Chinese media reported that the lockdown of Wuhan City was lifted on 8 April 2020. However, this is not a full-scale lifting of the lockdown, but a limited and temporary measure. Chinese society has not escaped the threat of the Covid-19 coronavirus, an emerging infectious disease. The Communist Party has yet to succeed in pushing back the peril.
There has been little visible movement towards holding the postponed National People’s Congress (NPC), usually held annually with the Chinese People’s Political Consultative Conference (CPPCC). The Standing Committee of the NPC convened on 24 February 2020, and decided to postpone the NPC scheduled to be held on 5 March 2020.
The Committee explained that the postponement was aimed at prioritising operations to contain the emerging coronavirus that originated in the city of Wuhan, followed by its explosive proliferation in other parts of China. They believe the postponement was necessary to prevent the Covid-19 coronavirus from significantly impacting people’s lives and health (Note).
The spread of this coronavirus is not just an issue of people’s health and hygiene. It is a problem of public security and is deeply related to issues surrounding the legitimacy of the administration.
The holding of the NPC carries with it the implication of a state declaration of safety. China claims that it has contained the epidemic at an early stage, and has started to actively support foreign nations in difficult situations. Certainly, this is a positive development.
At the same time, however, China is attempting to develop its position as a responsible great power, heeding its mantra to build “a community with a shared future for mankind” (人类命运共同体, a catchphrase of the Chinese Communist Party). It wants to play a leading role in the formation of an international cooperative network for the implementation of infection control measures. A resurgence of the Covid-19 coronavirus epidemic after the declaration of safety would adversely affect its aggressive efforts to strengthen its discursive power to achieve objectives in the international community.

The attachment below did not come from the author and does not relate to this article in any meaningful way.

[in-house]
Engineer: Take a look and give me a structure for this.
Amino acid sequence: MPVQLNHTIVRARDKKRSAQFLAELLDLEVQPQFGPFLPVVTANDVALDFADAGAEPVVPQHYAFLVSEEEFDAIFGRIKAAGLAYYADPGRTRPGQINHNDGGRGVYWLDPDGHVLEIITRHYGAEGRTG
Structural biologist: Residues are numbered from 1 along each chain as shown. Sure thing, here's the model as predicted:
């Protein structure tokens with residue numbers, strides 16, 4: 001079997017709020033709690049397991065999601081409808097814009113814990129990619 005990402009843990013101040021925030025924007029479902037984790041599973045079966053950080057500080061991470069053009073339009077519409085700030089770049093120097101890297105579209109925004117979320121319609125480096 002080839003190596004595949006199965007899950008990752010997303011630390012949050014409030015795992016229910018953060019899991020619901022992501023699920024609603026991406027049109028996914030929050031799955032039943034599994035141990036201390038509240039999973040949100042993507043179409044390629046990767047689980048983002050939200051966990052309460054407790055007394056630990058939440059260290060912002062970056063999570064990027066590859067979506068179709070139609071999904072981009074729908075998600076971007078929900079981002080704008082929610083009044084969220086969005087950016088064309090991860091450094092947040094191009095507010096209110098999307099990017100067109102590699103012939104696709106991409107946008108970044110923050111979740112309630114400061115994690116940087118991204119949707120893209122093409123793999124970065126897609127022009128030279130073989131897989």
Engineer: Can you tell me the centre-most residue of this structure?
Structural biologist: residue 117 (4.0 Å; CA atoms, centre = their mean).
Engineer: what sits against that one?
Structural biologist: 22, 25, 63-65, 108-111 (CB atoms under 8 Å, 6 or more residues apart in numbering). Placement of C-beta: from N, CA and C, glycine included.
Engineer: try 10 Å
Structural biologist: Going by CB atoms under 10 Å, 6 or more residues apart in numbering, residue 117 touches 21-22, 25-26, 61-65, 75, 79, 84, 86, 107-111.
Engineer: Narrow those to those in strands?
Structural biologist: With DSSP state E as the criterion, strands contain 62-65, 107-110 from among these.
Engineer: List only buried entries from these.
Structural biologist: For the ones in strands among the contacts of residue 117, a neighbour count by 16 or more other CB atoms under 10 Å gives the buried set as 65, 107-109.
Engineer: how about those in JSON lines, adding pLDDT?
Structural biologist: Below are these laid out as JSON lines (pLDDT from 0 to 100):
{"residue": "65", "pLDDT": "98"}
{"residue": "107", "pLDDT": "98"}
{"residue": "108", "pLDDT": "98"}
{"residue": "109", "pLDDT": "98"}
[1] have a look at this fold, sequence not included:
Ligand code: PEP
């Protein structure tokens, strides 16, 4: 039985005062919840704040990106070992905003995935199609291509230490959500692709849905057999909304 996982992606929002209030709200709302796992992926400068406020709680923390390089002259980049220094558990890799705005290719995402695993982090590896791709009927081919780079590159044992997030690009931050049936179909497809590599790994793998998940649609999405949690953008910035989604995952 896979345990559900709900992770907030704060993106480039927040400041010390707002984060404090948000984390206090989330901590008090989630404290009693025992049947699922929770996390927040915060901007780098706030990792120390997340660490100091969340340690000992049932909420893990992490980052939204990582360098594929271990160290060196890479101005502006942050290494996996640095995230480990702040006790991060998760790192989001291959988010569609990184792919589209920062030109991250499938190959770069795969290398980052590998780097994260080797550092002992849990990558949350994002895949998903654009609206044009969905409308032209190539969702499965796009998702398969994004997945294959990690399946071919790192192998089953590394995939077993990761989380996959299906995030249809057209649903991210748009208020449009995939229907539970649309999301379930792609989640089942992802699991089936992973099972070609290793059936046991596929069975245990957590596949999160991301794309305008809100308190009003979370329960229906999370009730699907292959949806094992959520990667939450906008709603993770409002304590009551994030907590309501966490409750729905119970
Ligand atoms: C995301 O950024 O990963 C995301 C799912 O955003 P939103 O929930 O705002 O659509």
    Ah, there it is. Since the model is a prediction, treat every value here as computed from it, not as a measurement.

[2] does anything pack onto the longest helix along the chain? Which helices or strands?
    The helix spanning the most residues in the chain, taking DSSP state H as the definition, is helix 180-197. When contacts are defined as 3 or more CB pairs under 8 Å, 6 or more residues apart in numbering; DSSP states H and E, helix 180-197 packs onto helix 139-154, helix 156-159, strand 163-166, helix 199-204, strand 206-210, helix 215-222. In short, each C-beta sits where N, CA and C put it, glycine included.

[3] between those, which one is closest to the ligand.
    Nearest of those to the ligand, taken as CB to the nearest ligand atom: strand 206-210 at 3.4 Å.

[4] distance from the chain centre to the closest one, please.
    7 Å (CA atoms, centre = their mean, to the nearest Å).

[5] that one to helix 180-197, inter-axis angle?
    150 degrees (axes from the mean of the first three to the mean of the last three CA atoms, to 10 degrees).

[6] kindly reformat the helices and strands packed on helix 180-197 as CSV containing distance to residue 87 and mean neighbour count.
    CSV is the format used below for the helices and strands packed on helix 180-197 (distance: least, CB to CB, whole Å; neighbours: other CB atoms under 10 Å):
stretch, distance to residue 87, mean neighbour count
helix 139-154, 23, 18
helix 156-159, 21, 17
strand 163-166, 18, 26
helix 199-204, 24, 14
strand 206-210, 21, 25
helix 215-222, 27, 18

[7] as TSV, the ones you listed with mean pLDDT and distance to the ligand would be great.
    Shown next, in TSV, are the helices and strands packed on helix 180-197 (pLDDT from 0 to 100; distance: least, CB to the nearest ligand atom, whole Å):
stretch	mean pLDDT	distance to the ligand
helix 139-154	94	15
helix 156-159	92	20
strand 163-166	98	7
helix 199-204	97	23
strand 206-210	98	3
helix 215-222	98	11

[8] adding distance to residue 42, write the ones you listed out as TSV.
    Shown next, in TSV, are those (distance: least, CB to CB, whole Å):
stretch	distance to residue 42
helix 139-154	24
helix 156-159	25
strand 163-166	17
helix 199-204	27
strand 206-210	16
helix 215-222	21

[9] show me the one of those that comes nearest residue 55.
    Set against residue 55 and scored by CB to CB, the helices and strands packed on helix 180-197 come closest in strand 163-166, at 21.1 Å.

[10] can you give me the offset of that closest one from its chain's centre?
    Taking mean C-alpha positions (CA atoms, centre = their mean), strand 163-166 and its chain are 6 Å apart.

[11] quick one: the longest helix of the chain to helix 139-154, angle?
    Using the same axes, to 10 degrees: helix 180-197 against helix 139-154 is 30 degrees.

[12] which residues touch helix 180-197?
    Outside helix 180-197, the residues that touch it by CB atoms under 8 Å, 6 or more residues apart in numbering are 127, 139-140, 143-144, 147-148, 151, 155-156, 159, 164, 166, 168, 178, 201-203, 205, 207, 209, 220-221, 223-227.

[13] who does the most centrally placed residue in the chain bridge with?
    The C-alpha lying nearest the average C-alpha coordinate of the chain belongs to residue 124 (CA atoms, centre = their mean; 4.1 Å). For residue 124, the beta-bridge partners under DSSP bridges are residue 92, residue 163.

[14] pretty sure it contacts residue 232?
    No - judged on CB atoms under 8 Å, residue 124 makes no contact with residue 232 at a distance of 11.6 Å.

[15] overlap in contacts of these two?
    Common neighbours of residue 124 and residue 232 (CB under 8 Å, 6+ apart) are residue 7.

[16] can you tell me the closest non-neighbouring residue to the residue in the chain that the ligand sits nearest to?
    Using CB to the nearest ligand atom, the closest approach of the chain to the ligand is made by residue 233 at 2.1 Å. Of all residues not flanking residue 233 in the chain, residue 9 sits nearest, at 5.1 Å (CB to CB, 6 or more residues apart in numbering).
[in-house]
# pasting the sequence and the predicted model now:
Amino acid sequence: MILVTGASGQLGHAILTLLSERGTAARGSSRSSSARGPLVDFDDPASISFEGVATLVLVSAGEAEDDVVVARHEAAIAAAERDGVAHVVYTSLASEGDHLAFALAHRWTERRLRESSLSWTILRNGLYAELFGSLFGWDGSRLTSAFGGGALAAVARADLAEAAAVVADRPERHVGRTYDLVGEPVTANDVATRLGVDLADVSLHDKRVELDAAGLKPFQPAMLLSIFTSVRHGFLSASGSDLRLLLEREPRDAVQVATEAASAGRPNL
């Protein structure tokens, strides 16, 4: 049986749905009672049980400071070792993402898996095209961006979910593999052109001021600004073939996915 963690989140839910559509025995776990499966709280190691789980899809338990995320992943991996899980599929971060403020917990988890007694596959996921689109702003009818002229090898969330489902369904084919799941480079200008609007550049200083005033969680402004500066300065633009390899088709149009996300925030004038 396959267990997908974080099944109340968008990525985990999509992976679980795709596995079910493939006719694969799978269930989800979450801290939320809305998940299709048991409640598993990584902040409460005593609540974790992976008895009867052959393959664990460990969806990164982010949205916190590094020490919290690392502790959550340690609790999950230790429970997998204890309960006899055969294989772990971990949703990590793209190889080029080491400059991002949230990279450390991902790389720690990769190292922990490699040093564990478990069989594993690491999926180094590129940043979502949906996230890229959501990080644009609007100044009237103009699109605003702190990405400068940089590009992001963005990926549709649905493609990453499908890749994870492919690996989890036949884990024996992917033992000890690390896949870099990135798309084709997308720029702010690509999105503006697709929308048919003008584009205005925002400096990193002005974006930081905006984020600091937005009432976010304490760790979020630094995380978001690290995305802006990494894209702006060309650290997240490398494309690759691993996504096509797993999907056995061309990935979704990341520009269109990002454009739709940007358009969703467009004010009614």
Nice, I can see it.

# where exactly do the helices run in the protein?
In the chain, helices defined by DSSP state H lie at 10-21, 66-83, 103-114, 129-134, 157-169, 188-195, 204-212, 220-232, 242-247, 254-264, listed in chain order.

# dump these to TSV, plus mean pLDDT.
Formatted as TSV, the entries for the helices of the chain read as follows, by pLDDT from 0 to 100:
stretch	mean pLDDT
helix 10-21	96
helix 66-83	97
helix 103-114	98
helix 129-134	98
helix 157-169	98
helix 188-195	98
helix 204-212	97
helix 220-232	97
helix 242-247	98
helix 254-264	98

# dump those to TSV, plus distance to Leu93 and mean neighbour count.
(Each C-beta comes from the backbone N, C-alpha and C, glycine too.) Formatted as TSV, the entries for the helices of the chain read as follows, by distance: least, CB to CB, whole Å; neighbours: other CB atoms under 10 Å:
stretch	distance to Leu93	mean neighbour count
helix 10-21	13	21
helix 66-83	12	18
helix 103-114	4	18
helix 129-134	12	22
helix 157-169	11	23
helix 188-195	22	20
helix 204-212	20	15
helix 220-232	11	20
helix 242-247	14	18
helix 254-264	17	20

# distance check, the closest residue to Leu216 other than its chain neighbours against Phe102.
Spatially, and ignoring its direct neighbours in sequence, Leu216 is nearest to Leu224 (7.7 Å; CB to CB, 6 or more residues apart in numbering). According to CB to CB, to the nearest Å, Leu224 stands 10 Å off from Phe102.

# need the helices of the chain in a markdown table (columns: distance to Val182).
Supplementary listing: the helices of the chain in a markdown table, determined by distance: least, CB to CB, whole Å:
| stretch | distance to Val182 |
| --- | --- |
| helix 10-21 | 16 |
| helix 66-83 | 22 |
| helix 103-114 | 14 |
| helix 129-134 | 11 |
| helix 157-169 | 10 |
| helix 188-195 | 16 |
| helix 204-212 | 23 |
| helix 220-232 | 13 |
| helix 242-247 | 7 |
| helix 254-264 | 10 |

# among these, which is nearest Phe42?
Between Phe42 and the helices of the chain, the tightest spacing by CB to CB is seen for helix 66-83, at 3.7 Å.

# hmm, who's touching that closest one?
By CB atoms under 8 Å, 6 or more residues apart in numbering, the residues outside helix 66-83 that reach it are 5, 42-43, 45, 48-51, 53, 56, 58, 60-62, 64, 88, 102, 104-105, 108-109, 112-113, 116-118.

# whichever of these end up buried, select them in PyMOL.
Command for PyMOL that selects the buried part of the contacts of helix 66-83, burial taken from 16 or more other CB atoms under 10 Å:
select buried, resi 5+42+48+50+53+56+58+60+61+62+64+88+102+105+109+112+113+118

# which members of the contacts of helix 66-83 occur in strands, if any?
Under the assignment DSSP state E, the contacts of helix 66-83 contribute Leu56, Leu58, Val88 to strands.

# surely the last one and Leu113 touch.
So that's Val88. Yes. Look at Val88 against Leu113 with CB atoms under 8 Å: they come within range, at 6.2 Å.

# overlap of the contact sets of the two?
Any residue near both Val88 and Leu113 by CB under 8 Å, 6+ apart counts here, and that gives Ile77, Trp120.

The holding of the NPC will also be important in the context of domestic politics in China. The spread of this coronavirus is not just an issue of people’s health and hygiene. It is a problem of public security and is deeply related to issues surrounding the legitimacy of the administration.
Members of the Xi Jinping administration spoke, at an early stage, of the necessity of the prompt recovery of the economy from the damage inflicted by the epidemic. As of February, the Standing Committee of the Central Political Bureau (Politburo Standing Committee or PSC) and the Standing Committee of the State Council officially recognised the necessity of infection control measures, as well as the need to resume business operations and production at plants which had been suspended, and that of dealing with employment (unemployment) problems.
At the end of February, a national meeting to coordinate China's epidemic control and economic and social development was held, attended by all PSC members. Xi Jinping visited Zhejiang Province at the end of March to inspect the economic situation.
...the issues surrounding the employment of university graduates, military veterans and migrant workers (from the countryside) have been a longstanding challenge for Chinese society.